"America's Heart and Soul"
Directed by Louis Schwartzberg.
Release Year: 2004
Review Date: 7/7/04
"America's Heart and Soul", the new Disney
documentary about the Americans that never seem to get a TV sitcom
any more--the working-class, blue-collar types that comprise the
"real" America--is a nice little ditty on the true heroes of this
country. It's essentially 20 different snippets on various
people across the map: a preacher here, a coal worker
there...a quilter here, a farmer there. Imagine a movie full
of those NBC-style Olympic profiles they will be shoving down our
throats next month during the Athens Games, then cut them in half
(about three minutes apiece), and there you have "America's Heart
But, the genius of the film (and, maybe its
greatest irony) is that even though it profiles the old-school
throwbacks that make up much of the working-class American citizen,
it seems to think that those watching all have short attention
spans, because the way it is cut is mainly appealing to the
plop-on-the-couch white collar style of the people that are not
featured in the movie. Let me explain. In one sequence,
we get a number of very fast cuts of Americans speaking to the
camera about their passions, or playing a sport, or sweeping shots
of mountains...and I'm thinking
"Man, it's like someone from MTV walked into
the editing room and took the controls of the Avid!"
It was moving that fast! It's like
they felt like to appeal to the short attention span, they needed to
cut the film that way, when in reality, I think most folks in the
MTV generation are going to skip this film altogether since it has
the Disney tag slapped right on the front of it.
The vignettes themselves are almost all very
interesting, albeit brief; the Americans profiled don't go over the
top in their opinions of what they think makes this country so
beautiful, and director Louis Schwartzberg mixes a couple of
celebrities in with his handful of other peeps, like a farmer from
Vermont that works seven days a week AND has time to shoot home
movies AND star in the local theater production, or a two-brother
tandem that plays N'awlins-style R&B for their neighborhood.
The fabric of the people in this country really is beautiful, ain't
it? It felt like Asian-Americans got hosed in this flick,
though...Schwartzberg seems to get everyone else in there that has
at least a minor presence in the U.S., so we had some black
profiles, some white profiles, an American Indian, a couple of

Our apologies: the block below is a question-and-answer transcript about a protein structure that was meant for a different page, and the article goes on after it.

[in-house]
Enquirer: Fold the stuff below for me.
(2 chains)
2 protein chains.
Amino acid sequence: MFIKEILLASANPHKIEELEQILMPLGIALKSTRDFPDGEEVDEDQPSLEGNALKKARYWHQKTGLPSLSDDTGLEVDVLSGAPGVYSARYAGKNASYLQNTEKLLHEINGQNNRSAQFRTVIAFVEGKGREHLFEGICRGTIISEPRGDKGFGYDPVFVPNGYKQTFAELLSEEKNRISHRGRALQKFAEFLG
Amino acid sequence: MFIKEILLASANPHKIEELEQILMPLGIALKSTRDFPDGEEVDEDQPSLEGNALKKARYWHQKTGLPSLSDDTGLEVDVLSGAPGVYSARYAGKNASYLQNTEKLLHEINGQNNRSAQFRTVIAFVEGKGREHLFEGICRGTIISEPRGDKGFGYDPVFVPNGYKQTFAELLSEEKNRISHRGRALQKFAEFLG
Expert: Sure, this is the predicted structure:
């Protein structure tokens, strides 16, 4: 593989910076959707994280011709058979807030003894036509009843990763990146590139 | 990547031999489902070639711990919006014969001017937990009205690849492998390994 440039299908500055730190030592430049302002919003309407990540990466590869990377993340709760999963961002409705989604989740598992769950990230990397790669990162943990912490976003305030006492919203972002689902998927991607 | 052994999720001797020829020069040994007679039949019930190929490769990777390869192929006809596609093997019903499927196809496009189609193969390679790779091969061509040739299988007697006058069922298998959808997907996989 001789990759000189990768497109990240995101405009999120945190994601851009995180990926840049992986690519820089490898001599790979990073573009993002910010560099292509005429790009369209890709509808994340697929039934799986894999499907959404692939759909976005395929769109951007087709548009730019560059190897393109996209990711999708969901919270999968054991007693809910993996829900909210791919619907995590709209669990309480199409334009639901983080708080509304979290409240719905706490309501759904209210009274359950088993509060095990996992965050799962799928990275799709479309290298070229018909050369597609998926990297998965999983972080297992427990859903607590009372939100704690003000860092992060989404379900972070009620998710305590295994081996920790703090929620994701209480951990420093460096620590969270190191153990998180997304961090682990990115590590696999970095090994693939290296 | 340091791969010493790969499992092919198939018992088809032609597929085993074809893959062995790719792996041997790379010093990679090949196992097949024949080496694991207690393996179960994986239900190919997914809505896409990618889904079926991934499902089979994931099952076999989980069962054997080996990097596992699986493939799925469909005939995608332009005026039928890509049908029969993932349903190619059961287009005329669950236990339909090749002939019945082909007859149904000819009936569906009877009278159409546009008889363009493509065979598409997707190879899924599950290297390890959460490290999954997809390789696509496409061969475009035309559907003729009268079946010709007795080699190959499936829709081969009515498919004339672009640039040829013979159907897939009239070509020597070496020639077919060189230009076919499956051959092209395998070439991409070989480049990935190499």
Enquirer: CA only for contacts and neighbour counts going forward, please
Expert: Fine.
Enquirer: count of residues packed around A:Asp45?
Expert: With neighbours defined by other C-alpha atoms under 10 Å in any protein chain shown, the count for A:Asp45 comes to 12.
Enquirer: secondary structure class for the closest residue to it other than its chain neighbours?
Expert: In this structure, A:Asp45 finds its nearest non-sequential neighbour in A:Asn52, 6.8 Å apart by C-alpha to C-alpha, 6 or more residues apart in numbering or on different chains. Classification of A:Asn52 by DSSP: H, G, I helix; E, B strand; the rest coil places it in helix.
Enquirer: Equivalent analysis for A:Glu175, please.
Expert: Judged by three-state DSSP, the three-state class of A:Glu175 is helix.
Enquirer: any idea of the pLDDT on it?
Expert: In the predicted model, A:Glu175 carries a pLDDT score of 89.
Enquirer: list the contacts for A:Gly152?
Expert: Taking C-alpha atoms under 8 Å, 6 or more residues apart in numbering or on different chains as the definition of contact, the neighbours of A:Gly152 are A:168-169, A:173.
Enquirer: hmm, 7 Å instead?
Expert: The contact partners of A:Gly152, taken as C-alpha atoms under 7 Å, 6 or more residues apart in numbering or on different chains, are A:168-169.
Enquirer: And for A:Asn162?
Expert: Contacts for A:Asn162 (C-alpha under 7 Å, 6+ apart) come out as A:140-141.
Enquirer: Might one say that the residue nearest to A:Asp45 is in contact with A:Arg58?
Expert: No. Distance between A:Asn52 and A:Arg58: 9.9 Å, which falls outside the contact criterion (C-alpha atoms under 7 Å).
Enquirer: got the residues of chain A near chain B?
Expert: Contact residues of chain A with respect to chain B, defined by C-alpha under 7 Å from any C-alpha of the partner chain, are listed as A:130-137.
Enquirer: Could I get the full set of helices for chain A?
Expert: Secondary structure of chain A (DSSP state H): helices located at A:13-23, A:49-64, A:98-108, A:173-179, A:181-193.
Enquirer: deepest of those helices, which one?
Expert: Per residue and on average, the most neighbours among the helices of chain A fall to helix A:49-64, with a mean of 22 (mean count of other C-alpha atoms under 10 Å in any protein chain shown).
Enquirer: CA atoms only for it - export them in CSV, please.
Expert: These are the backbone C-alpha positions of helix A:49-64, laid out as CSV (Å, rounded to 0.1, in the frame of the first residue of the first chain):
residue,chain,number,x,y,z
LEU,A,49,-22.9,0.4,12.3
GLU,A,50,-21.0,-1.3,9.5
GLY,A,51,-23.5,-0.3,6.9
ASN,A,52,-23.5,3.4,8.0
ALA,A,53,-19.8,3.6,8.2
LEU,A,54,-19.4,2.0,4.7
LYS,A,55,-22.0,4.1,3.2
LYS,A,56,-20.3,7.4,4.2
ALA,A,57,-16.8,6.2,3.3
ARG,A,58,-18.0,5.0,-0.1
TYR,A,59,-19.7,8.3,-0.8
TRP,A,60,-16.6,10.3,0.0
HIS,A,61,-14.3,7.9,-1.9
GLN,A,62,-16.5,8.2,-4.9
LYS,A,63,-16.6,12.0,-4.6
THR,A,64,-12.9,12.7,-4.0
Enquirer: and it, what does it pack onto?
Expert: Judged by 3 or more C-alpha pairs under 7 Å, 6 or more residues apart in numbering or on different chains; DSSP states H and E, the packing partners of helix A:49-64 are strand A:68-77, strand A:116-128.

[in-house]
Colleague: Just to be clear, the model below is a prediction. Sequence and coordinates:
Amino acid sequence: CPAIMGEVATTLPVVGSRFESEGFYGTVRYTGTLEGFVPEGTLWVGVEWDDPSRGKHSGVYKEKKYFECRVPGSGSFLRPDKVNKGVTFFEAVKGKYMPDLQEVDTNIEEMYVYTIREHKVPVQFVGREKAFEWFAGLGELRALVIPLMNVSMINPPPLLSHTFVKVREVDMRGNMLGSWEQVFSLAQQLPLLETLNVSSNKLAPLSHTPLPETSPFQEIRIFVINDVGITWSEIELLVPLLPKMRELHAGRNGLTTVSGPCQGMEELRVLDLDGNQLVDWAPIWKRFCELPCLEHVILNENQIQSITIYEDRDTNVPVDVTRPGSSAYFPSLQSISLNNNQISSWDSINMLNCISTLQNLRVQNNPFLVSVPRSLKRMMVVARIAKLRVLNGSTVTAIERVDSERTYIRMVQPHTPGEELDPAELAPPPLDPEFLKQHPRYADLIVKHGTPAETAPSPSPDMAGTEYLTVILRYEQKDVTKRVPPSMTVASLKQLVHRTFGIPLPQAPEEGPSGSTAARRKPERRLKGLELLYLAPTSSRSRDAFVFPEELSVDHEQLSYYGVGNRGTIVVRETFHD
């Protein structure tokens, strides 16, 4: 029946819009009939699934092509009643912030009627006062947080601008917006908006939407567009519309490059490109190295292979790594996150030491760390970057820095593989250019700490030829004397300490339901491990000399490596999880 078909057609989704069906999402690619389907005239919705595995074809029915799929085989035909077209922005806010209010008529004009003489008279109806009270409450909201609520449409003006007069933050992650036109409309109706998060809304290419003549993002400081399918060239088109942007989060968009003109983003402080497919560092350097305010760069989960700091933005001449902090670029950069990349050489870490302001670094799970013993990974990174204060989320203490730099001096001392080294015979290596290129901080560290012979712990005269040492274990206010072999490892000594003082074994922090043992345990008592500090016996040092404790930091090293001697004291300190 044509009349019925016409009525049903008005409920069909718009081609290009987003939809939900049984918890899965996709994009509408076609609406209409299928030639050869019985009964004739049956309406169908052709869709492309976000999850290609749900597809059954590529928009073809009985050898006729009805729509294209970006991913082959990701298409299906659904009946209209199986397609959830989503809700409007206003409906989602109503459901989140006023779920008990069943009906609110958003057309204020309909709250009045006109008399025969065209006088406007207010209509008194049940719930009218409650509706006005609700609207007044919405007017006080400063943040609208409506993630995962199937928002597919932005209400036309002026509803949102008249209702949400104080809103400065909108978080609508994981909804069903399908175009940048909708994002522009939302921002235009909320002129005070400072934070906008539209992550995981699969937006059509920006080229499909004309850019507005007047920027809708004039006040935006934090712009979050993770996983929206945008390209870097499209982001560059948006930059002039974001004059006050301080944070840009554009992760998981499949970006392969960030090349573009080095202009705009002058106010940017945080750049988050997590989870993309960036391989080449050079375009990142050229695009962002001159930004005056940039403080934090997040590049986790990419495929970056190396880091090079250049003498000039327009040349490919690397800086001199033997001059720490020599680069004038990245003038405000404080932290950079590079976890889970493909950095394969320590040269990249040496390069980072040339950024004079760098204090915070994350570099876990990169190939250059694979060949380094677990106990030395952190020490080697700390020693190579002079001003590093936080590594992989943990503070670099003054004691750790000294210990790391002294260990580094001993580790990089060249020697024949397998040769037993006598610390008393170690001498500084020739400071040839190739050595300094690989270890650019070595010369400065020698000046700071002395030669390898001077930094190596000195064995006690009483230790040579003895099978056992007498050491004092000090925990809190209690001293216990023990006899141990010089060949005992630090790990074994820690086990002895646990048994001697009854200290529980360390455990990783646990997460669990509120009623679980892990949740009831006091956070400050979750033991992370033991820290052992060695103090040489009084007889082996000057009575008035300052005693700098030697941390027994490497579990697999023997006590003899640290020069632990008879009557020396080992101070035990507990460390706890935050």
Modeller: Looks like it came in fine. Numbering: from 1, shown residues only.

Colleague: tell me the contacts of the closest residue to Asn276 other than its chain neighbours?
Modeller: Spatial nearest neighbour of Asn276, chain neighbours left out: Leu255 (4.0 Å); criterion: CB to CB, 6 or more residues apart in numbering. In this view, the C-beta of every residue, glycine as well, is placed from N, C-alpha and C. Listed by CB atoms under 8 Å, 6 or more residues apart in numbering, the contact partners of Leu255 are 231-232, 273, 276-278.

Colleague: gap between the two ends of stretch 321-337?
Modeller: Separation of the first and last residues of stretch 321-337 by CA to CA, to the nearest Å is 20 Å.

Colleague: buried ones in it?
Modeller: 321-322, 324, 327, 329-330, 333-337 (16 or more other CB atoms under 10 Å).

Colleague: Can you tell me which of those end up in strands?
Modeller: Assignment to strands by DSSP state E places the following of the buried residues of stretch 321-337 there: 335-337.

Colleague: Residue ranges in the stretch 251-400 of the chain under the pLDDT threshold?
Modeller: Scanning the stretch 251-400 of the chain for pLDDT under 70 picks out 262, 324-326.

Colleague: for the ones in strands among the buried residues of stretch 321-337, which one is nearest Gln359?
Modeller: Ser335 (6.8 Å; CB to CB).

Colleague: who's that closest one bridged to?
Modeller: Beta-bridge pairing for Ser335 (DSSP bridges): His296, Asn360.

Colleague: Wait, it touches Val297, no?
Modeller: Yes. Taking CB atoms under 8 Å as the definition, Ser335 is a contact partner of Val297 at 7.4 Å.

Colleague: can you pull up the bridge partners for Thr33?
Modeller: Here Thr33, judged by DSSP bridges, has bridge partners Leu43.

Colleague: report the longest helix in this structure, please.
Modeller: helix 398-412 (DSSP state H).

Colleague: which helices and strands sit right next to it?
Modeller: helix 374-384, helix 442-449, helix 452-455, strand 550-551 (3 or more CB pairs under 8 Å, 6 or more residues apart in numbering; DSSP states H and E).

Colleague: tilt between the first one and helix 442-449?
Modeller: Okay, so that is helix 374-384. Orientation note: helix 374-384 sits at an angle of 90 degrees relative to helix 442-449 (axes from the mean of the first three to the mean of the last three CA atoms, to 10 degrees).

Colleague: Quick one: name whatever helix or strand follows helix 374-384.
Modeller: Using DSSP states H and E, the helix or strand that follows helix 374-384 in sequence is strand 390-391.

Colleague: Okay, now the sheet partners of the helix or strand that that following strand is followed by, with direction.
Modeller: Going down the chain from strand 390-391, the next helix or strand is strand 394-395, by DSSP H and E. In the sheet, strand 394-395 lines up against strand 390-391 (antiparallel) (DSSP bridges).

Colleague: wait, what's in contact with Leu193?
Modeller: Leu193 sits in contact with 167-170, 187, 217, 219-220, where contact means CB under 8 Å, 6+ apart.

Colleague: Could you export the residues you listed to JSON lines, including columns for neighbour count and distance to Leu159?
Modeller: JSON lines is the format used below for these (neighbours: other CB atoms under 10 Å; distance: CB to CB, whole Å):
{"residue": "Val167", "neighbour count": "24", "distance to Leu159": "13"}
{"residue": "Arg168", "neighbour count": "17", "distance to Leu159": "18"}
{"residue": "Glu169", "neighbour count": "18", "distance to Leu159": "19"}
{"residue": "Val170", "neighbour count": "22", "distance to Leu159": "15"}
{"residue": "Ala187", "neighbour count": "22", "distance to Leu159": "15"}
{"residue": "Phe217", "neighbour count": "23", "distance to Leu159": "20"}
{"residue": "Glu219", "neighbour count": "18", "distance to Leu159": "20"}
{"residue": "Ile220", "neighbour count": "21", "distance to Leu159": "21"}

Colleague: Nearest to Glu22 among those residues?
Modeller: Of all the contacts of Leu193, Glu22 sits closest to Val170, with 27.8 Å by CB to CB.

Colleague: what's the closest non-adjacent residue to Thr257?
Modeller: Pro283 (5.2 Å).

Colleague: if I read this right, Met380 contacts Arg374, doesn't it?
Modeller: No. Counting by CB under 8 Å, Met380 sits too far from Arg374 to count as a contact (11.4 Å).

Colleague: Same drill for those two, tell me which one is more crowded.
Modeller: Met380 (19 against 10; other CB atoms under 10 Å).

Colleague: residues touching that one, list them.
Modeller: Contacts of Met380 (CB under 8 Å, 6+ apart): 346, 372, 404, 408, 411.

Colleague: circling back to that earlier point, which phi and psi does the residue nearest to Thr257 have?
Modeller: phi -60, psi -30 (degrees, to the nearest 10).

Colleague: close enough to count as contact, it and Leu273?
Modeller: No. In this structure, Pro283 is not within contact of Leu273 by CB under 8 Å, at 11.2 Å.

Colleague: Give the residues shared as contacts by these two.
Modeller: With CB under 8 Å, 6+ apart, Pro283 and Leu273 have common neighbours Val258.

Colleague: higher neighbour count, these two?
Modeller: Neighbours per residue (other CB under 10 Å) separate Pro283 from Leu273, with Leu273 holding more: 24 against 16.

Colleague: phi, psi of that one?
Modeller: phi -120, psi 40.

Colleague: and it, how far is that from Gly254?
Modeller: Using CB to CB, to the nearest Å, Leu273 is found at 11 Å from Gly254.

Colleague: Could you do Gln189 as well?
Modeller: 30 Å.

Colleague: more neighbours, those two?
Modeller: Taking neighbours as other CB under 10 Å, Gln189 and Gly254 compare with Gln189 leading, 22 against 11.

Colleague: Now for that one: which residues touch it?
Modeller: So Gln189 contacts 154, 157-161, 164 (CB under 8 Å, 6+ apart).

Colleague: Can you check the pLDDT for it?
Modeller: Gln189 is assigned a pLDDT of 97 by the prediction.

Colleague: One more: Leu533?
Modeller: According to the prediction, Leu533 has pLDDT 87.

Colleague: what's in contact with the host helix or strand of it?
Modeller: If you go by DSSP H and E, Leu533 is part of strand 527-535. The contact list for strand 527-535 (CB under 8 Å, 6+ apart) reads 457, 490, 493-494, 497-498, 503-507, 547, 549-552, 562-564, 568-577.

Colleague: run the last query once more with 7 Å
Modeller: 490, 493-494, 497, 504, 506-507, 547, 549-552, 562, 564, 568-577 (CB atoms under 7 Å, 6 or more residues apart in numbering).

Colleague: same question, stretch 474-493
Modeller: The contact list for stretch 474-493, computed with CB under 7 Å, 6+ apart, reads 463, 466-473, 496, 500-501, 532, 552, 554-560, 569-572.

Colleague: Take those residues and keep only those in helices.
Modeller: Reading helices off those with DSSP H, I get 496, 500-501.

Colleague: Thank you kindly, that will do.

Jewish families, even a trio of Latin salsa dancing brothers.
But, no Asians? As my buddy Chi might ponder, "Where's the
love for the yellow?"
The strongest part about the film is the
beautiful cinematography; Schwartzberg also shot the film and his
work is magnificent in this movie. His work with an aerobatic
pilot, a rancher and the salsa trio is just cool to watch, for
various reasons; because we keep moving from subject to subject, the
film is never very boring. This being a Disney film, things
never get too exciting, either...and, this is probably the reason
why some folks, for whatever reason, simply won't enjoy "America's
Heart and Soul", because of its strict adherence to Disney
crowd-pleasing, heart-tugging policy.
I felt that this flick was actually too
short, but I could see why the filmmakers felt like 80 minutes was
enough to get the point that us white-collar coast dwellers should
never forget about where the real passion for this country lies,
whether I like it or not. And, I didn't enjoy the montages as
much as some other folks might; they definitely are good to bridge
the gap between a handful of profiles, but then I saw some scenes in
the montages that I wished were made into full-blown profiles, and
this was not to be. Otherwise, this is strong stuff, and when
it blows out of theaters be sure to catch it on home video come
Rating: $9.50 Show
Comments? Drop me a line at
Bellview Rating System:
"Opening Weekend": This is
the highest rating a movie can receive. Reserved for movies that
exhibit the highest level of acting, plot, character development,
setting...or Salma Hayek. Not necessarily in that order.
"$X.XX Show": This price
changes each year due to the inflation of movie prices; currently,
it is the $9.50 Show. While not technically perfect, this is a
movie that will still entertain you at a very high level.
"Undercover Brother" falls into this category; it's no "Casablanca",
but you'll have a great time watching. The $9.50 Show won't win any
Oscars, but you'll be quoting lines from the thing for ages (see
"Matinee": An average movie
that merits no more than a $6.50 viewing at your local theater.
Seeing it for less than $9.50 will make you feel a lot better about
yourself. A movie like "Blue Crush" fits this category; you leave
the theater saying "That wasn't too bad...man, did you see that
Lakers game last night?"
"Rental": This rating
indicates a movie that you see in the previews and say to your
friend, "I'll be sure to miss that one." Mostly forgettable, you
couldn't lose too much by going to Hollywood Video and paying $3 to
watch it with your sig other, but you would only do that if the
video store was out of copies of "Ronin." If you can, see this
movie for free. This is what your TV Guide would give "one and a
"Hard Vice": This rating is
the bottom of the barrel. A movie that only six other human beings
have witnessed, this is the worst movie I have ever seen. A Shannon
Tweed "thriller," it is so bad as to be funny during almost every
one of its 84 minutes, and includes the worst ending ever put into a
movie. Marginally worse than "Cabin Boy", "The Avengers" or
"Leonard, Part 6", this rating means that you should avoid this
movie at all costs, or no costs, EVEN IF YOU CAN SEE IT FOR FREE!
(Warning: strong profanity will be used in all reviews of "Hard